mise à jour du
3 juillet 2006
Pharmacol Biochem Behav
Low-dose quinpirole ontogenically sensitizes
to quinpirole-induced yawning in rats
Kostrzewa RM, Brus R.
Department of Pharmacology, James H. Quillen College of Medicine, East Tennessee State University, Johnson City USA
Drinking sucrose or saccharin enhances sensitivity of rats to quinpirole-induced yawning. Serafine KM


It is known that dopamine (DA) receptors can be sensitized by repeated treatments with quinpirole during postnatal development. This study was undertaken to determine whether low-dose quinpirole treatments might sensitize receptors to quinpirole-induced yawning behavior. Rats were treated with quinpirole HCl (50 micrograms/kg per day) or saline at four different periods of ontogeny: a) the 10th day of gestation to day of birth; b) 1st-11th days after birth; c) 12th-22nd days from birth; or d) 23rd-33rd days from birth. The numbers of yawns occurring in 1 h after a challenge dose of quinpirole HCl (50 micrograms/kg, IP) was determined at 6 weeks. Rats exposed prenatally to quinpirole demonstrated increased numbers of yawns following the third dose of quinpirole (2-day interval between doses). In rats exposed postnatally to quinpirole, there was a 70-300% increase in the yawning response, with the greatest response occurring in the group treated with quinpirole from birth to 11 days from birth. The findings demonstrate that quinpirole receptors are sensitized by a low dose of quinpirole, 60-fold lower than previously shown. It is suggested that sensitized receptors are of the DA D3 subclass.
DOPAMINE (DA) agonists are known to induce yawning behavior in male rats. Because D3 receptors have 113-fold greater affinity for quinpirole, and because low doses of quinpirole induce yawning behavior, it has been postulated that D3 receptors are responsible for DA agonistinduced yawning behavior.
Recently, we found that ontogenic treatments with the DA agonist quinpirole would sensitize receptors to quinpiroleinduced yawning responses in adulthood. The current study was conducted to determine whether low doses of quinpirole during ontogeny would sensitize receptors to quinpirole-induced yawning behavior later in life.
These findings demonstrate several features relevant to DA receptors of the D2 class (i.e., D2, D3, and D4 receptors). First, DA receptors of the D2 class can be sensitized during development by treatments with quinpirole. This is in accord with previous demonstration of this phenomenon. A second, and the most important, feature is that low doses of quinpirole can produce this effect. The dose used in this study is 60 times lower than that used in our previous study. This also is in accord with the suggestion that the yawning response may be a DA D3-mediated event because D3 receptors have an affinity for quinpirole that is 113 times greater than shown specifically for D2 receptors.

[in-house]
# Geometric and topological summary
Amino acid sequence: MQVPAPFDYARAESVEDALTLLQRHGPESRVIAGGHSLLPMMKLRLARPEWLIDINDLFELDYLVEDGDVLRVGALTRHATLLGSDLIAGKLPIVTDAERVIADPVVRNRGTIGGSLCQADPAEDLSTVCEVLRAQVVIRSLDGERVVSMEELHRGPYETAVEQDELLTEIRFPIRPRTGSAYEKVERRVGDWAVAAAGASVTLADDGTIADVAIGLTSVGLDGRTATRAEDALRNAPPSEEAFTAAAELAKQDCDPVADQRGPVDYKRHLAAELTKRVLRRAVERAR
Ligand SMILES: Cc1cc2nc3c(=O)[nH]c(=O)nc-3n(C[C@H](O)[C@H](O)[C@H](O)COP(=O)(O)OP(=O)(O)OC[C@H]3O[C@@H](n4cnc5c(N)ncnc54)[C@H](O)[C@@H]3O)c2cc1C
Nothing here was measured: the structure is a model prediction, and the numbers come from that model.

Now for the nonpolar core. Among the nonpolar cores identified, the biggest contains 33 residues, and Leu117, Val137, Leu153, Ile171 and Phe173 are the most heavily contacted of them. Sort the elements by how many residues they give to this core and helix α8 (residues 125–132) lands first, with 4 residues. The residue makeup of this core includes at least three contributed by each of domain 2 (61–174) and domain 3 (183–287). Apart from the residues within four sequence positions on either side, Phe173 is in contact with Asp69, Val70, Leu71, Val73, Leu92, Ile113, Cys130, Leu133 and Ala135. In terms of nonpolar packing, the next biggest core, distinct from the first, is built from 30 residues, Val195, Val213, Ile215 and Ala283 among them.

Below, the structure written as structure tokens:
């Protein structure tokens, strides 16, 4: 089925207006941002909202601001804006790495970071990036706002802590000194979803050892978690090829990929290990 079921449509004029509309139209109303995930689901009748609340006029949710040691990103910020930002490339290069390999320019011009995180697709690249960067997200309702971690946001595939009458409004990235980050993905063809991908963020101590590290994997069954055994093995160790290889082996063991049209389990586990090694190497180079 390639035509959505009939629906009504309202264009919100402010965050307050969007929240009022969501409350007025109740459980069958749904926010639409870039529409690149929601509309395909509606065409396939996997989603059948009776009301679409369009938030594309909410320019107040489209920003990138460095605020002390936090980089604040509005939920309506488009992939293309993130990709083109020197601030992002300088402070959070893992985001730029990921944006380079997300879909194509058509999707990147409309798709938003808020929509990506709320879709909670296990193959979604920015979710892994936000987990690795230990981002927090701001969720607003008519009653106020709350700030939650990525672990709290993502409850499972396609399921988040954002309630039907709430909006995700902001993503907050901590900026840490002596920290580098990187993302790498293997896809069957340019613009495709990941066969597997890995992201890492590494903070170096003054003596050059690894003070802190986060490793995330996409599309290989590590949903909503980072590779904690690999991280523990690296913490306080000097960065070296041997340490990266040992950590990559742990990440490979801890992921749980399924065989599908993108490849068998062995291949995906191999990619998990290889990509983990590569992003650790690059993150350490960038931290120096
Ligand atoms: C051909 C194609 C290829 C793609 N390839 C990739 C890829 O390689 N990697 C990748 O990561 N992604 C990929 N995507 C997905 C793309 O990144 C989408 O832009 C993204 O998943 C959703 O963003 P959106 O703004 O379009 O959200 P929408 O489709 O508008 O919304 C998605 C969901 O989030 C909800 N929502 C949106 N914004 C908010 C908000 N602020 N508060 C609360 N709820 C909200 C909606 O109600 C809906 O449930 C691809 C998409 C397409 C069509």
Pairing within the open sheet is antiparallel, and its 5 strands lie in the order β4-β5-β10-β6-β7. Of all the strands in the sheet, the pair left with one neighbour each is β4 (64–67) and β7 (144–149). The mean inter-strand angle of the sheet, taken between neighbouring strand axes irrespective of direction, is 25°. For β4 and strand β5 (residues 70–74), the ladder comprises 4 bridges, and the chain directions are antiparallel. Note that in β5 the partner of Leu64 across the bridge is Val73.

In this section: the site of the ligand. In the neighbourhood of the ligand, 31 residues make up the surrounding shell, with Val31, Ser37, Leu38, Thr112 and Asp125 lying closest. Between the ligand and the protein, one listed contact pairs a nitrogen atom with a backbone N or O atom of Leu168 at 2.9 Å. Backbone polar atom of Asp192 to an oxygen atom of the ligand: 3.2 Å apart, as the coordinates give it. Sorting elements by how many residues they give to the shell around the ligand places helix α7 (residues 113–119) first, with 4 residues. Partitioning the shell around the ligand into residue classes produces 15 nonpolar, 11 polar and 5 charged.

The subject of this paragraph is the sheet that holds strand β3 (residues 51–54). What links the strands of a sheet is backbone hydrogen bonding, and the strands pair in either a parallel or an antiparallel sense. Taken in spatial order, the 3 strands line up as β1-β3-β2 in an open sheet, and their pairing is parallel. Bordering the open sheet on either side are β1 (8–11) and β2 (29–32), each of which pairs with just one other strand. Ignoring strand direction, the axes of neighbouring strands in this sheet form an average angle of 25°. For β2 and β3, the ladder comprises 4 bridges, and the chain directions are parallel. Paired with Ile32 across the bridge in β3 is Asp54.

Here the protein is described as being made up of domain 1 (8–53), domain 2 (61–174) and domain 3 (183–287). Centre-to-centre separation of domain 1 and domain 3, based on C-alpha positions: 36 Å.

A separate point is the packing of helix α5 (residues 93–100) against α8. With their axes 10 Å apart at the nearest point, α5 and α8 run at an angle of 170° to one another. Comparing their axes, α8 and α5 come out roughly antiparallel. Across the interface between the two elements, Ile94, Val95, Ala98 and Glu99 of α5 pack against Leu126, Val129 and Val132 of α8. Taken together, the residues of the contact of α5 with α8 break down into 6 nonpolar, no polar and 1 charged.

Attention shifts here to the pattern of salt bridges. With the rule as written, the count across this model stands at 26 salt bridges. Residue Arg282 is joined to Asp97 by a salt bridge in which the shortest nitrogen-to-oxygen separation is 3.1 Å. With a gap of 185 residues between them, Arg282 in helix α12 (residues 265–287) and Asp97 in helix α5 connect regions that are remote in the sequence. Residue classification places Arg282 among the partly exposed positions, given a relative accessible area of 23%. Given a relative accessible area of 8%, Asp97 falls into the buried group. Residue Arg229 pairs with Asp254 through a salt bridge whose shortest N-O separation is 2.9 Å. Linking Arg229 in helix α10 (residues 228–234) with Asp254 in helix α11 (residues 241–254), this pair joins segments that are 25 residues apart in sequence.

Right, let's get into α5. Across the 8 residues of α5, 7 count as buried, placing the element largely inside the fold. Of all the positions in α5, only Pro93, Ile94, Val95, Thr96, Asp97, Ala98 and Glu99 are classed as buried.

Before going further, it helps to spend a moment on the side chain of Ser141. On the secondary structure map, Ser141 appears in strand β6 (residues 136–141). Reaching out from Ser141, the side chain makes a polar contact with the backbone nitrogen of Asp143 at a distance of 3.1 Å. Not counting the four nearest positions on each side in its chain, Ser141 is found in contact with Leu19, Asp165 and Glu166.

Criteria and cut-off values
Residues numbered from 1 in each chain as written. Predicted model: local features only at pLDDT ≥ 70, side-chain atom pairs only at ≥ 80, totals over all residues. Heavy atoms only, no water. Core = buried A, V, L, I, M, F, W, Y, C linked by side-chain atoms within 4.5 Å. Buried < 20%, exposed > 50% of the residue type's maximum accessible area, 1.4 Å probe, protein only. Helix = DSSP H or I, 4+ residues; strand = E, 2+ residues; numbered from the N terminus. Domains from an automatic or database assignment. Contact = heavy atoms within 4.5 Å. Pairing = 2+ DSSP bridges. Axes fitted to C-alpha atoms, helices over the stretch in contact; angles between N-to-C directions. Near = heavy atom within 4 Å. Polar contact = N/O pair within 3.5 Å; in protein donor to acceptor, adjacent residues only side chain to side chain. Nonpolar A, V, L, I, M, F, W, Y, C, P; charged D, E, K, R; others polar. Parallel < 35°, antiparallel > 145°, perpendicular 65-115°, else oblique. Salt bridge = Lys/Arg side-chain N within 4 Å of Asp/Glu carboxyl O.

Another aspect is that quinpirole treatments will sensitize to yawning responses when low doses of this substance are administered for only 11 consecutive days, even as late as 33 days from birth. However, the greatest effect is produced when quinpirole is administered during the first 11 days from birth.
Finally, the effects of quinpirole may be latent, as shown for prenatally exposed rats. Only after several treatments with quinpirole at 6 weeks did sensitivity occur. The phenomenon whereby repeated exposure to an agonist induces receptor sensitivity is known as priming. It is well described for DA D1 receptors. Because quinpirole is able to cross the bloodbrain barrier, it was assumed that this agonist would cross the placental barrier. We have no direct measure of this, but the findings give credence to this likelihood.
The present findings demonstrate that quinpirole receptors can be primed or sensitized by low-dose quinpirole treatments and the type and magnitude of the effect is dependent upon the period of exposure to quinpirole during pre- or postnatal development of male rats.
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